Robots amaze humans with their amazing performance. They collect cars, search collapsed buildings for survivors, and serve restaurants. But often a simple task is very difficult. A closed door, for example, is a difficult obstacle for robots. Japanese engineers have now taught a robot how to open a door. They write in the journal that their learning method also works with other daily activities robotics science†
Modern robots have often found their way in a way deep learning is called. Whether playing chess or riding a bike, the robot is told what to do and masters the technique by trying and learning from its mistakes. The Google computers that crushed the world chess champions learned the game with this deep learning.
Expensive and time consuming approach
The Japanese write that it is an expensive and time-consuming approach. Robots are often good at the task they have been taught, but feel awkward when conditions change. For example, if the robot finally knows how to open the door, it can no longer leave the building because the door swings the other way.
The Japanese argue that it is best to allow the robot to take advantage of both worlds. Not only through deep learning, but also through legacy instructions. That’s why they didn’t let their robot detect it from the closed door – by the way, they break the task down into six pieces, including operating the latch or keeping the door open. They also taught him hundreds of lessons in opening doors.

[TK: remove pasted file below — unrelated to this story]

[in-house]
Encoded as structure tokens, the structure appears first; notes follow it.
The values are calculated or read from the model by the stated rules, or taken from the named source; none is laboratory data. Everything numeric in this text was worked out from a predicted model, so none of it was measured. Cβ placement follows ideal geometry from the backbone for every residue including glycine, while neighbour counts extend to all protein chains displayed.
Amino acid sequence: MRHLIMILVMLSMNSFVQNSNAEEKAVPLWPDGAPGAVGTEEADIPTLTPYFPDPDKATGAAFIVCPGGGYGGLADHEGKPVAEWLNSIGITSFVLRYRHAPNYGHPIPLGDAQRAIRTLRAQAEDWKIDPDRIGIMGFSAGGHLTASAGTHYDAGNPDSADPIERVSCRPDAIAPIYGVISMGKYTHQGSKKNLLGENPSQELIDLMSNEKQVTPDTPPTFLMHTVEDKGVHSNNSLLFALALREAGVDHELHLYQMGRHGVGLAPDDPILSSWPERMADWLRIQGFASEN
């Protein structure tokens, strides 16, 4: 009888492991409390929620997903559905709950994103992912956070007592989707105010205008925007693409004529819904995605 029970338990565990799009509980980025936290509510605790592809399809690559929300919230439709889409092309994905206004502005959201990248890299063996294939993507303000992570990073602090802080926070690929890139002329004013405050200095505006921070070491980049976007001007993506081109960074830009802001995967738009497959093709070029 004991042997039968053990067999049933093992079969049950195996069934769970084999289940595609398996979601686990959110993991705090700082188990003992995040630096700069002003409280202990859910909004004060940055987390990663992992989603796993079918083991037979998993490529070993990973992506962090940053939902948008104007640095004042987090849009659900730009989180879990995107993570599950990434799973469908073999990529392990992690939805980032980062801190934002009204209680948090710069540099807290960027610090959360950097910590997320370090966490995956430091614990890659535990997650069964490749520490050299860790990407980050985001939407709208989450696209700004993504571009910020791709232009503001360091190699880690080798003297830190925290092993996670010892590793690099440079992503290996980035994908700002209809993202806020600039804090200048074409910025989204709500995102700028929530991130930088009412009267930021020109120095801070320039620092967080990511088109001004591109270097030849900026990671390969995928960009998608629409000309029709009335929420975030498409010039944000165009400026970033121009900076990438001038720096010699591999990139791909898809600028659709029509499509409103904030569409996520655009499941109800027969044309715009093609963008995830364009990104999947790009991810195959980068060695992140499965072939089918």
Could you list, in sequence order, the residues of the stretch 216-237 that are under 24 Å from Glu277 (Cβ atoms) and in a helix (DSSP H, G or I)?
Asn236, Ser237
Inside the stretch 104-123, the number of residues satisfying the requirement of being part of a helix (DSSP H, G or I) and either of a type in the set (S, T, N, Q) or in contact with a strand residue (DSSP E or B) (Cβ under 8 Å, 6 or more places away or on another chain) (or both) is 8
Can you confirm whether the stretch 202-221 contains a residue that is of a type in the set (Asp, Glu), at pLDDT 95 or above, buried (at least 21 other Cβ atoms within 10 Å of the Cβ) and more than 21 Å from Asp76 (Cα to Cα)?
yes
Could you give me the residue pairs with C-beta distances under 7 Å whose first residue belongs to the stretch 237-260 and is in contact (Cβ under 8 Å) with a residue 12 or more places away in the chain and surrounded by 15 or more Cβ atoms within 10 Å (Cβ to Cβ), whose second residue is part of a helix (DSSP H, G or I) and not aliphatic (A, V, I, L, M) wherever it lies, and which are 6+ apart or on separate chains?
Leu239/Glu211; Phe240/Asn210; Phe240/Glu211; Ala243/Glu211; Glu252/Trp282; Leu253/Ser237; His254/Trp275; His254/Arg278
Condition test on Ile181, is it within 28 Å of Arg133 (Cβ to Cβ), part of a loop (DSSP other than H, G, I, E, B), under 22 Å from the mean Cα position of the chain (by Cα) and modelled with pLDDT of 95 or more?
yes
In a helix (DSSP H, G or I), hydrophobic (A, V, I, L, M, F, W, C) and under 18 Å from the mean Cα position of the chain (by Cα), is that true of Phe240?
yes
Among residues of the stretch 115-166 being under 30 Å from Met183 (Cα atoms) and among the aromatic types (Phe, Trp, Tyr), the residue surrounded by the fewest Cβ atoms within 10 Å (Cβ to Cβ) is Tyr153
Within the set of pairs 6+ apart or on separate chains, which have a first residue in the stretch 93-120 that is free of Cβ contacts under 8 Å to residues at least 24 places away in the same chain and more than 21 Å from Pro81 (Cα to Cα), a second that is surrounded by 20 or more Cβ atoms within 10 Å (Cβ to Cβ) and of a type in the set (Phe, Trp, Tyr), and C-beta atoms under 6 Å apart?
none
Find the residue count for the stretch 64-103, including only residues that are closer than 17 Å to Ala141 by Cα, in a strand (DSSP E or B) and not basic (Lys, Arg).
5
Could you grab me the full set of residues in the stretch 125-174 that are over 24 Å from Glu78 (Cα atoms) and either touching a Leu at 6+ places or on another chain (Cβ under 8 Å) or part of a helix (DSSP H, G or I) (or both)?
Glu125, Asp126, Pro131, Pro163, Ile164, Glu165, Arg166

The two-sided approach has paid off. After a few hours of training, the door no longer had any secrets for the robot. He easily passed it on 97 percent of attempts. And when he was asked to go back and forth constantly, he kept working for half an hour, without any wrong step. “Our experience shows that this dual-learning approach allows robots to operate in a real world with unexpected challenges.”
Two robots put an Ikea chair together
The art of robotics was taken to unprecedented levels by engineers in Singapore